Superintendent halts transfers of incoming kindergartners, saying do 'not dismiss us out of hand'

After four years of watching his schools bleed students to Roseland, Santa Rosa City Schools, Bennett Valley and other districts, Bellevue School District Superintendent Tony Roehrick did something drastic.

He began telling incoming kindergarten families they couldn't leave the district, which has four schools teaching 1,700 students from south of the Sonoma County Fairgrounds to west Santa Rosa near Elsie Allen High School.

"Unless parents have a really strong, legitimate reason for having students attend a different school at kindergarten, we are denying those," he said. "All we are asking is that you just consider us and not dismiss us out of hand."

Bellevue pulls from attendance boundaries in which 23 percent of youths under 18 are white and yet only 9 percent of the district's students are white. Nine out of 10 students qualify for free or reduced-price lunches.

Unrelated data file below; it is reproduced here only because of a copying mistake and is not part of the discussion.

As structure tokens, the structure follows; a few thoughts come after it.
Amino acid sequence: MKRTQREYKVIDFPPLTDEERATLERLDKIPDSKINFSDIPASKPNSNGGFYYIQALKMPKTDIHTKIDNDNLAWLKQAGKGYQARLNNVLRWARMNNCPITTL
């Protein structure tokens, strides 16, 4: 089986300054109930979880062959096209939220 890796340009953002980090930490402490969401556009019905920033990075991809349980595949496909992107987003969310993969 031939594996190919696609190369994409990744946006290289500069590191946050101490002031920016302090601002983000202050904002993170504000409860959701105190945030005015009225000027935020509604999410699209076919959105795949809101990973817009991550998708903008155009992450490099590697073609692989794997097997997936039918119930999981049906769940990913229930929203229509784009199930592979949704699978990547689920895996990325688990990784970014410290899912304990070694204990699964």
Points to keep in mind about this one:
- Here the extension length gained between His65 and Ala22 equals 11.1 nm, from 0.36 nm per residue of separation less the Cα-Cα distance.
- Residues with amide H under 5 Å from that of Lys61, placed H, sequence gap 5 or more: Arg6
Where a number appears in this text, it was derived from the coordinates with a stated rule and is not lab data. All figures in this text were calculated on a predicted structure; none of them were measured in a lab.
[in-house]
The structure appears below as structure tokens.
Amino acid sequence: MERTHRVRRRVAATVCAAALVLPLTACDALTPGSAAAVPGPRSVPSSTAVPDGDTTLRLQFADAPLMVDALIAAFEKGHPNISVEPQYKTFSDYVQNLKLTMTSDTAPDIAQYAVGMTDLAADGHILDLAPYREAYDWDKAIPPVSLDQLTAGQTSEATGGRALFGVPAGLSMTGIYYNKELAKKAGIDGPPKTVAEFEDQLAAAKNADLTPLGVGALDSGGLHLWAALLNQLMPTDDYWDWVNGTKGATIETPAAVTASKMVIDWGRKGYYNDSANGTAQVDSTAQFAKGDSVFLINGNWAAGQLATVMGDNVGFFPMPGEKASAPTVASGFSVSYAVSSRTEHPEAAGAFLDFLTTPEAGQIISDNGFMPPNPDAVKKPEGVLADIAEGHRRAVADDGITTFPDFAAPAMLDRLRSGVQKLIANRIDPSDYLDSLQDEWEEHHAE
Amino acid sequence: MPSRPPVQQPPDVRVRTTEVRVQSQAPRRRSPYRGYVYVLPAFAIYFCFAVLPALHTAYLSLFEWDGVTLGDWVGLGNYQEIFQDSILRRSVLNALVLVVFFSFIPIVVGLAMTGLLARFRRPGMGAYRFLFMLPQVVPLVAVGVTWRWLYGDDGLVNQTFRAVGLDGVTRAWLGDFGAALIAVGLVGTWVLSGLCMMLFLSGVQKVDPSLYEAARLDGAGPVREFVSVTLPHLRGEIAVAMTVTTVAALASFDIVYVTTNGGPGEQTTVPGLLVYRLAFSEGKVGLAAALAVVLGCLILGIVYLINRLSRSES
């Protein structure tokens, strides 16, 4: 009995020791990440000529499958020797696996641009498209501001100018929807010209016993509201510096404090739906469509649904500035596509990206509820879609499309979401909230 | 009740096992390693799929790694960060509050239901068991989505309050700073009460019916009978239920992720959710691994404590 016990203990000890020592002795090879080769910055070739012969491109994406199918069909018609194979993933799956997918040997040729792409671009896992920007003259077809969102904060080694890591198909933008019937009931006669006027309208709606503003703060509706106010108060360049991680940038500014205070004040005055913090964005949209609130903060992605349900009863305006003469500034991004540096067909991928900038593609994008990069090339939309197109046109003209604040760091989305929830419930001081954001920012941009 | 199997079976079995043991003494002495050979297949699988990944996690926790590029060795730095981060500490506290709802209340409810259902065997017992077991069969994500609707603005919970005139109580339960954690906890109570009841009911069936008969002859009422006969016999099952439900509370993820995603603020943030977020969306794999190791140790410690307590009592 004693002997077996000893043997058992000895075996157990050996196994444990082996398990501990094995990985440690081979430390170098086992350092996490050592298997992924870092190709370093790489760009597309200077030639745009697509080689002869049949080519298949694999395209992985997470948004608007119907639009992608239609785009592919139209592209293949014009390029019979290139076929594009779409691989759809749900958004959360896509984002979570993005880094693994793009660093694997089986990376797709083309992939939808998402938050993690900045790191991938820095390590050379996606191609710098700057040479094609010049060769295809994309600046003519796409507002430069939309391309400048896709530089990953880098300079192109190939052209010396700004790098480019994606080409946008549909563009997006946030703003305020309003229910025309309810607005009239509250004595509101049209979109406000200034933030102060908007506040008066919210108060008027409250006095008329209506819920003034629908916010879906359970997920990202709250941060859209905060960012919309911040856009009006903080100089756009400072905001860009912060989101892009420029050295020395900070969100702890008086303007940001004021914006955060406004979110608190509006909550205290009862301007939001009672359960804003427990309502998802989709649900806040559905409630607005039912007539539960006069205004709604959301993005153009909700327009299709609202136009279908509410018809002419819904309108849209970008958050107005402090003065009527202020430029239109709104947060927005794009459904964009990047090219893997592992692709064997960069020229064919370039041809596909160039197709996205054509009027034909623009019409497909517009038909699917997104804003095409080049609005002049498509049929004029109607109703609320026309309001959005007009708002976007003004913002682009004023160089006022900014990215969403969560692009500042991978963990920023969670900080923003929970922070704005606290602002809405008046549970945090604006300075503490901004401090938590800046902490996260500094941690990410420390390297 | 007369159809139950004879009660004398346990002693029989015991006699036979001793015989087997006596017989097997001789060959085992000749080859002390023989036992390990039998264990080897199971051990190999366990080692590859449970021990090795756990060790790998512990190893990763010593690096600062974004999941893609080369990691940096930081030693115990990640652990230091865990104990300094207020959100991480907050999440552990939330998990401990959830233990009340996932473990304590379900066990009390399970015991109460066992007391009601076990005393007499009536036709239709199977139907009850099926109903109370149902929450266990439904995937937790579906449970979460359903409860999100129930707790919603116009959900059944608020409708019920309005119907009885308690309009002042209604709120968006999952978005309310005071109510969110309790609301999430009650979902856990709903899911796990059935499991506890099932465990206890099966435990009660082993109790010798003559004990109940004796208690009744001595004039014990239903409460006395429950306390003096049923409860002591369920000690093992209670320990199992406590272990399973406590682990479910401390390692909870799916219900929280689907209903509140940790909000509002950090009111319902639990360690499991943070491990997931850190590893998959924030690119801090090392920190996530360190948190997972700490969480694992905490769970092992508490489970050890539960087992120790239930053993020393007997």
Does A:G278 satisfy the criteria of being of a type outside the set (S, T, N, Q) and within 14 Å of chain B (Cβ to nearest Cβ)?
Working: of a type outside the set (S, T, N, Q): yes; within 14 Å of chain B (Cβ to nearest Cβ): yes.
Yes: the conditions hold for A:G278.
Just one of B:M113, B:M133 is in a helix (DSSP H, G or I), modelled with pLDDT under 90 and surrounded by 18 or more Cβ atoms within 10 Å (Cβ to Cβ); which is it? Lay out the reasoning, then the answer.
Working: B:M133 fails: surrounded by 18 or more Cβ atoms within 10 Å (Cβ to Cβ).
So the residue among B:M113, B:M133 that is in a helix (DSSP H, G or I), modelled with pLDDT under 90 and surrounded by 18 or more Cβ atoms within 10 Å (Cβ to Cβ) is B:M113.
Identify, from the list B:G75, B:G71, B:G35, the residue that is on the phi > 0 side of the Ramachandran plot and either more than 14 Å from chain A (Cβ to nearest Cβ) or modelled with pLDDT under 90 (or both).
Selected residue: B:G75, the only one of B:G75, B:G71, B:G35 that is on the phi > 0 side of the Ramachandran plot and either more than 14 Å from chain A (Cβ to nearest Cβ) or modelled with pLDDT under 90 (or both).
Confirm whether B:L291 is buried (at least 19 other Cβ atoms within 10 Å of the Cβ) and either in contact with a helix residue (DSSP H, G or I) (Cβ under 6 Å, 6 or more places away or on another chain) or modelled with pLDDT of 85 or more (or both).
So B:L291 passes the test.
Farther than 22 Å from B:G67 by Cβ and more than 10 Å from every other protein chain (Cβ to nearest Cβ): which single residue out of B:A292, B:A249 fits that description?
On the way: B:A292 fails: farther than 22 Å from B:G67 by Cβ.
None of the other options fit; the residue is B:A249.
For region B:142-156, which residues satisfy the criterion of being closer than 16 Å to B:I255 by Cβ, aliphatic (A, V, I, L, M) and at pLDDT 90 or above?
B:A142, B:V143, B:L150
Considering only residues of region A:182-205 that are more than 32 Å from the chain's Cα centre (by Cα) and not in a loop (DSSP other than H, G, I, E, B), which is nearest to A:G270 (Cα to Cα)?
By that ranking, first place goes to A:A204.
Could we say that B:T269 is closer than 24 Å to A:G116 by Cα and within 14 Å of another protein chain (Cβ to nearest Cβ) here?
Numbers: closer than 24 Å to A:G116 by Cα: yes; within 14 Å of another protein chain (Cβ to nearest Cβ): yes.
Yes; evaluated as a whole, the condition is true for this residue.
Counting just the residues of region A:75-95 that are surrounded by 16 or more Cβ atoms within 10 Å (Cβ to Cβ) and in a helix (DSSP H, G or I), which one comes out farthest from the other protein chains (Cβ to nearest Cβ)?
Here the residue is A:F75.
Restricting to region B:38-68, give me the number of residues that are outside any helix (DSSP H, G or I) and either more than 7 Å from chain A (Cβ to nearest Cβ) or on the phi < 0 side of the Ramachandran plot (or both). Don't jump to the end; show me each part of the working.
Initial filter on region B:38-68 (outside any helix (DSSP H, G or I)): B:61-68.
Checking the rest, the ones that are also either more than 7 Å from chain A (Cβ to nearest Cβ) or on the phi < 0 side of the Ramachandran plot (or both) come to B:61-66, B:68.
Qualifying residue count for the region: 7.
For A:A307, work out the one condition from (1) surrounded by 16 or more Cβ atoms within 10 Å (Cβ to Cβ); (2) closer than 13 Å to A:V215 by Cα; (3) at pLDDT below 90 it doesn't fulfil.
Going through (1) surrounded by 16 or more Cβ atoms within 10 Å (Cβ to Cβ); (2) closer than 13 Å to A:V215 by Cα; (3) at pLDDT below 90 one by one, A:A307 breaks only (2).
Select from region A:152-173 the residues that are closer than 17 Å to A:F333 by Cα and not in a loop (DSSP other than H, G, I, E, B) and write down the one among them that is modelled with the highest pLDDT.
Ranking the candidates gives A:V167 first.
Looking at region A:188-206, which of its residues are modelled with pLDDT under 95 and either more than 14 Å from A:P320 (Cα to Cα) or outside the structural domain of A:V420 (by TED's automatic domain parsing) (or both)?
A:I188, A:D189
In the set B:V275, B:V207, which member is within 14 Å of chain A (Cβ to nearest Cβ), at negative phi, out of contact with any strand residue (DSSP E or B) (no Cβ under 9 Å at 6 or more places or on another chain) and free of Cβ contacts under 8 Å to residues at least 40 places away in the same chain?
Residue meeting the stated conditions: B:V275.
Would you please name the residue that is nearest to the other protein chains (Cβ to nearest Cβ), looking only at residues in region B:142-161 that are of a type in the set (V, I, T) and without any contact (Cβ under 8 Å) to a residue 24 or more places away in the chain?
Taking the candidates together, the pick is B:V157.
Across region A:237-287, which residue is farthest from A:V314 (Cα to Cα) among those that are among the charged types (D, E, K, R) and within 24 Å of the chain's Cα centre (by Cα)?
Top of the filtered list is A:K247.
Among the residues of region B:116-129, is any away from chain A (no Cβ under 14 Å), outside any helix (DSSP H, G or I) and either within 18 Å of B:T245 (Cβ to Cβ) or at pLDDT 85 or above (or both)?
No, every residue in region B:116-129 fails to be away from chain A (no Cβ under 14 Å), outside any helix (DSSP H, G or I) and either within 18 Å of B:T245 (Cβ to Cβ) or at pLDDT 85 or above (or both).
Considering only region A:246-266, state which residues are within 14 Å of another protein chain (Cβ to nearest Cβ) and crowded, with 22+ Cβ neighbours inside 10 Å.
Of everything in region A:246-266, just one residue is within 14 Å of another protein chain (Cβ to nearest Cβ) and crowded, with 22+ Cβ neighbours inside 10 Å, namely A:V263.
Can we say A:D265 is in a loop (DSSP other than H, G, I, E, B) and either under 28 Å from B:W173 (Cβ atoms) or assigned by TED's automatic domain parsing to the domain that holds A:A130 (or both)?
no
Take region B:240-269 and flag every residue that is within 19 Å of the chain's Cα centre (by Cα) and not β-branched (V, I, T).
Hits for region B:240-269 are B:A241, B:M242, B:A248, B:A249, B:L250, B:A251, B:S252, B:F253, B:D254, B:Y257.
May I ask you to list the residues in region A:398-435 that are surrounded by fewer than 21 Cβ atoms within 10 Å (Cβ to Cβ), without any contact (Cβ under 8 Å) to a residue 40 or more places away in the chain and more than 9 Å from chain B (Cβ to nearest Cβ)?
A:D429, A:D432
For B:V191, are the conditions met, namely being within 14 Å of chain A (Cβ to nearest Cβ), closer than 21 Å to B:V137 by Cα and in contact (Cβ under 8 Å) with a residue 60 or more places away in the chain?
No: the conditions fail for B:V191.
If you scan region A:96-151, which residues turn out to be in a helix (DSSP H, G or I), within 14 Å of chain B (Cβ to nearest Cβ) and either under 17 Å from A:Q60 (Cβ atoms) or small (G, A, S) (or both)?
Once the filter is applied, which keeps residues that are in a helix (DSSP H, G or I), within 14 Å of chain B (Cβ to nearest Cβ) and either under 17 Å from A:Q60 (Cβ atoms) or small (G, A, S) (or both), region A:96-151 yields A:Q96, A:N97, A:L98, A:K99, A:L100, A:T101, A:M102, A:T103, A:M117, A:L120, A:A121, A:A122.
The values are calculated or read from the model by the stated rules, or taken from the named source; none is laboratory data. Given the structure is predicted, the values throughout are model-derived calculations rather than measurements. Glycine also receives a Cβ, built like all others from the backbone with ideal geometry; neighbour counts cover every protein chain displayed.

"The ones that tend to go to Bennett Valley and Rincon Valley for us tend to be white, more middle class, higher socioeconomic," he said. "I don't know if you call it white flight or what. It certainly is in our more affluent neighborhood where we are less represented by the kids who attend our schools."

Bellevue loses 40 percent of the students who live within its district boundaries every year. In 2009-10, 128 students left for Roseland, another 114 went to Bennett Valley and 109 went to Santa Rosa City Schools. An additional 293 went to 13 other districts.

"That is the loss of an elementary school," said Roehrick, superintendent for the past five years.

To stop the flight, district officials unveiled a dramatic change in policy for the current school year: blanket denial to all families seeking to attend kindergarten outside the district.

Parents could appeal, and some were successful. And the district has since tweaked the rule, allowing younger students to follow already-transferred older siblings, as well as permitting movement for work and day care needs, Roehrick said.

The policy cannot be enforced in Bellevue's grades first through sixth because the district is in federal sanctions under the No Child Left Behind law for failing to meet academic benchmarks.

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